When faced with a borrower who is a chronic late pay or who has approached the lender to discuss options because they have defaulted or are about to default on a loan, a lender may be quick to transfer the loan to their special assets department and let them sort it out. However, before declaring the loan in default and moving ahead to start litigation and liquidation against the borrower, a lender may want to consider the benefits of entering into a forbearance agreement with the borrower.
While forbearance agreements may not be appropriate in all situations, in cases where the borrower is cooperating with the lender and is seeking the lender’s assistance, it can be a valuable tool that can help both the borrower and the lender in the long run. Forbearance agreements are agreements that incorporate the terms of the underlying loan documents, acknowledge the present defaults of the borrower, and set forth terms under which the lender will forbear from taking legal action, provided that the borrower adheres to certain modified terms.
The real benefit in a forbearance agreement for a lender is that it provides the lender the opportunity to correct any issues in the underlying loan documents and loan file, and to add terms that give the lender additional protections and more control in certain situations. A well drafted forbearance agreement will also contain provisions requiring a borrower to acknowledge the present defaults under the loan documents, waive their defenses to defaults, acknowledge the present amounts due under the loan, set the jurisdiction where a lawsuit may be filed, waive a jury trial, waive any claims that the borrower may have against the lender, and reserve the lender’s rights back to the date of the original default, among other things.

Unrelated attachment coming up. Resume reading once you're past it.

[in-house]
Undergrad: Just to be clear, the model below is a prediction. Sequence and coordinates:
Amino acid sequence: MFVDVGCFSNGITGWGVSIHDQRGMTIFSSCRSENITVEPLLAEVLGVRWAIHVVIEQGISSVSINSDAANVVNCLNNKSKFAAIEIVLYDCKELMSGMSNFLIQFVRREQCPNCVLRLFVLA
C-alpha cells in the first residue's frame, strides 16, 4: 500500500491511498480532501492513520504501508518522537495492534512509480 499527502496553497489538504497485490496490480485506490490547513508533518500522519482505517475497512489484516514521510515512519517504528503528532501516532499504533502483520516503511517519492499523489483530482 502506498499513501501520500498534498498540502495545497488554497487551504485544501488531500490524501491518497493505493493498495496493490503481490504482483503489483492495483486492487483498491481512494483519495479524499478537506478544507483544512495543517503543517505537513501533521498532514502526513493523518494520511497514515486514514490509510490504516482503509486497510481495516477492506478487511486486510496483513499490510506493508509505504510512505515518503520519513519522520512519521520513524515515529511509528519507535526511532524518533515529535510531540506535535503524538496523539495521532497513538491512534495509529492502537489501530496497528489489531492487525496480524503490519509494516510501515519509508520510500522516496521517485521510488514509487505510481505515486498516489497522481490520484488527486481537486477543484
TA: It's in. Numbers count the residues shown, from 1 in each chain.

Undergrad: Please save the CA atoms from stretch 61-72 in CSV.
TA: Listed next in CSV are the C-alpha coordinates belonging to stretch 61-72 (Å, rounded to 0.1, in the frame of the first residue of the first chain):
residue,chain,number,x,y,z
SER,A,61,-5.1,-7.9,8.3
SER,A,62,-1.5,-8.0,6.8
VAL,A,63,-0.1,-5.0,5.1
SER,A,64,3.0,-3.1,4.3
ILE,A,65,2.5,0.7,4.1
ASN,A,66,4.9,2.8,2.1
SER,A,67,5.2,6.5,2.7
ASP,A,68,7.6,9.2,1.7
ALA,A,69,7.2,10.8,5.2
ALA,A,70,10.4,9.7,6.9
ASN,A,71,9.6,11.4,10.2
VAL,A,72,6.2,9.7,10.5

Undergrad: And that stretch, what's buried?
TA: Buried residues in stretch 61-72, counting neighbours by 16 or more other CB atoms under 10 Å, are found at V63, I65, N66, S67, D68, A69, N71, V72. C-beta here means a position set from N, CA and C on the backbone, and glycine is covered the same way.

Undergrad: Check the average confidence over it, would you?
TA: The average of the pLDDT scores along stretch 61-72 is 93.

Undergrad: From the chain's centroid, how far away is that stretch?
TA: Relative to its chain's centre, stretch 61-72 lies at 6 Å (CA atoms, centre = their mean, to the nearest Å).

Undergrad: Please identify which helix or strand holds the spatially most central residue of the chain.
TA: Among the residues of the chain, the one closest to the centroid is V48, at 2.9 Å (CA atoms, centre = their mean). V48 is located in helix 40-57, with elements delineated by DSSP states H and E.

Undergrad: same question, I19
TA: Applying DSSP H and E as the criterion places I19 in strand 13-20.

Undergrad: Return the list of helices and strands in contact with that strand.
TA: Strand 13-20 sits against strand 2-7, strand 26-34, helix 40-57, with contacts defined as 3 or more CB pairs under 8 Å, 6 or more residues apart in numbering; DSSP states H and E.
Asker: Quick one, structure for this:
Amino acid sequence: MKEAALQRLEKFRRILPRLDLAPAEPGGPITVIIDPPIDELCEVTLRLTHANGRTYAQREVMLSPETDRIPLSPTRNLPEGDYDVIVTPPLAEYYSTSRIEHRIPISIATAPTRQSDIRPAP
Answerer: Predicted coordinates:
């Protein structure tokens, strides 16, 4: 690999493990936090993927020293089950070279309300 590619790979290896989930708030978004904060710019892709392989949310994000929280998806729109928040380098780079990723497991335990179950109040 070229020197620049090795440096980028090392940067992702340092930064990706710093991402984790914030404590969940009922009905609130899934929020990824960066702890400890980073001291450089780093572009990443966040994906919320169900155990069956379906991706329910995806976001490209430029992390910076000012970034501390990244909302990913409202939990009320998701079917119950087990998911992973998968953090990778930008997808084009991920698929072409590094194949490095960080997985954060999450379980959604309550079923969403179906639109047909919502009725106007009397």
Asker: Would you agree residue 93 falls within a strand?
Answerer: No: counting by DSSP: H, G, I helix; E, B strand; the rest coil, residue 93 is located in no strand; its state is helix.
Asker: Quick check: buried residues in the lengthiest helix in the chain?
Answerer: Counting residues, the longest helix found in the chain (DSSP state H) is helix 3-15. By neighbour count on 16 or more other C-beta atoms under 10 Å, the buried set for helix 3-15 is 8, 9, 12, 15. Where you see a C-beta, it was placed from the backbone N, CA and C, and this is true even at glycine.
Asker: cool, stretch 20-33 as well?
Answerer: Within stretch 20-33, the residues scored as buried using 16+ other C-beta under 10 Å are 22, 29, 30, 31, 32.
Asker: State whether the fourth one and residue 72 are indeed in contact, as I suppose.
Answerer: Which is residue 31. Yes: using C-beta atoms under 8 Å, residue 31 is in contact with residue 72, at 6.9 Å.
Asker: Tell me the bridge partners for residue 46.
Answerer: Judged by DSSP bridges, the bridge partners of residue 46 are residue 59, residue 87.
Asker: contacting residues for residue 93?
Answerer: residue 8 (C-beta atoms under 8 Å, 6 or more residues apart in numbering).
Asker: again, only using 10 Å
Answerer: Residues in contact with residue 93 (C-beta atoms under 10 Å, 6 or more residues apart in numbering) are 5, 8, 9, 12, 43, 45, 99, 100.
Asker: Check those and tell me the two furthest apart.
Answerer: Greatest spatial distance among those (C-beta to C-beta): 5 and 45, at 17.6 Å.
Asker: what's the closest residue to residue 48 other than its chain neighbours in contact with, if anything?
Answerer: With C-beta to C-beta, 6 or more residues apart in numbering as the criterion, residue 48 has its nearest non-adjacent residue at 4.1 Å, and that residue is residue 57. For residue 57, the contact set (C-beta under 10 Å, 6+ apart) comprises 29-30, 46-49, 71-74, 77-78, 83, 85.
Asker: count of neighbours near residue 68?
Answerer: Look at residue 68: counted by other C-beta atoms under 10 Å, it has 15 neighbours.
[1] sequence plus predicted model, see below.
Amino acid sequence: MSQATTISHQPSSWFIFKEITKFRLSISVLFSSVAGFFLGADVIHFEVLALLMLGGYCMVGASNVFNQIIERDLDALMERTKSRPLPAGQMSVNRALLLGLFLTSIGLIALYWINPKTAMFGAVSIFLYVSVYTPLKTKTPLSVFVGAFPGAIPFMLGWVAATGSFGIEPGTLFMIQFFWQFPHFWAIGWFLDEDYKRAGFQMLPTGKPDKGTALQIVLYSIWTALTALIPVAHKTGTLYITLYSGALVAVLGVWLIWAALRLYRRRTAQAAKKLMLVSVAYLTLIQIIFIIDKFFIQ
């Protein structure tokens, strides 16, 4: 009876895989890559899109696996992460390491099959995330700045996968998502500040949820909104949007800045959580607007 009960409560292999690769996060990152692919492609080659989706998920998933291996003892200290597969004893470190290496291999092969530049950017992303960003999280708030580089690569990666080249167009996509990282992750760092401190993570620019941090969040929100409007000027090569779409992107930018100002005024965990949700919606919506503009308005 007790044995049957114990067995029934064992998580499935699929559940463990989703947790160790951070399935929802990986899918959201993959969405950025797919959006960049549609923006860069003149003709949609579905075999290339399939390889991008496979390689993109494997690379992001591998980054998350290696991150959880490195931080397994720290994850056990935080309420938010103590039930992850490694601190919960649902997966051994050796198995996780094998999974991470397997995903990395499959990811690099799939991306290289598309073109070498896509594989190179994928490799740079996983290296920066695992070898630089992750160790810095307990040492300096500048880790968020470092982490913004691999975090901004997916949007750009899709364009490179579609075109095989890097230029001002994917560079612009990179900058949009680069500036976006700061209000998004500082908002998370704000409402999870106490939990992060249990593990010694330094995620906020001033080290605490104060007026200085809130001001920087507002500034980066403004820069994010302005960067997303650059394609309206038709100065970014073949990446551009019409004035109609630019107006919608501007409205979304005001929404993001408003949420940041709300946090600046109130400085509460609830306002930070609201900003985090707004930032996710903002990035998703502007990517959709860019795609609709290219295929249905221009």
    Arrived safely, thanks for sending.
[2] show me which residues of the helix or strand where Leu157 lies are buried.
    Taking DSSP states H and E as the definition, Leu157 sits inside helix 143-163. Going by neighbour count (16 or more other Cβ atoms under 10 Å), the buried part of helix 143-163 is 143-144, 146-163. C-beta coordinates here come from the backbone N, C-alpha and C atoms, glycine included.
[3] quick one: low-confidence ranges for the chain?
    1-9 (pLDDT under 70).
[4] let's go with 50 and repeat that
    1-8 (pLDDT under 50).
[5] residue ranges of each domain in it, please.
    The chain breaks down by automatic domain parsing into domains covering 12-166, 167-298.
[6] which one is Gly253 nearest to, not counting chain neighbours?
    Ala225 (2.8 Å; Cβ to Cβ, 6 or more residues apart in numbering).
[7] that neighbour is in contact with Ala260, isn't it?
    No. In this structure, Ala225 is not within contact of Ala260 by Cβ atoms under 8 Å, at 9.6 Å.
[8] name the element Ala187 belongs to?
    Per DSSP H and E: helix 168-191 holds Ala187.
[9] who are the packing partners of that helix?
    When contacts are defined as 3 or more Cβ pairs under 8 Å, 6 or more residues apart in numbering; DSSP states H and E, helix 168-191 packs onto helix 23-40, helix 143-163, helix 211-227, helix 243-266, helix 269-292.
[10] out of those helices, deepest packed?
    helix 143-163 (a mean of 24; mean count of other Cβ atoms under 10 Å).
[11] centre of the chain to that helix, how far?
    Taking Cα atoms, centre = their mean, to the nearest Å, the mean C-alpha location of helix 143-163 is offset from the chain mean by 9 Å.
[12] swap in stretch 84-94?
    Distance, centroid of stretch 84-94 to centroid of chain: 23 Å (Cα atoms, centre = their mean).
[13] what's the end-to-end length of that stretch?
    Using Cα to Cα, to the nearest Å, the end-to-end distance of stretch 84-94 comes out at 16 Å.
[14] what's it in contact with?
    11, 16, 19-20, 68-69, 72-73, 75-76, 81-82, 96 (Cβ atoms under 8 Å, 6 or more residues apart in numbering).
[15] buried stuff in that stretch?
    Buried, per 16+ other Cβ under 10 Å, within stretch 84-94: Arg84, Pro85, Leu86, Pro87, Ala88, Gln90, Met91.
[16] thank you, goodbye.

In a situation where a lender has a loan that is secured by real estate and the borrower’s business is failing, a forbearance agreement can be used to set a time frame in which the real property needs to be sold before the lender will take legal action. In cases where the borrower wants to continue operating its business, a lender may be able to require that the borrower hire an independent turnaround professional that is approved by the lender to assist the company in its recovery efforts.
All of the provisions mentioned above can provide the lender with more control with respect to the borrower and help get the lender in the best position if and when the time comes to commence litigation and liquidation activities against the borrower. It also provides additional evidence the lender can point to if a borrower raises any defenses against the lender, including the enforceability of the loan documents, or what amounts are due and owing under the loan. Forbearance agreements can be a valuable tool for getting a loan back on track or further protect a lender in litigation.
For more information regarding forbearance agreements for lender’s SBA or conventional loans, please contact Lyndsay at 267-4701-1154 or at firstname.lastname@example.org.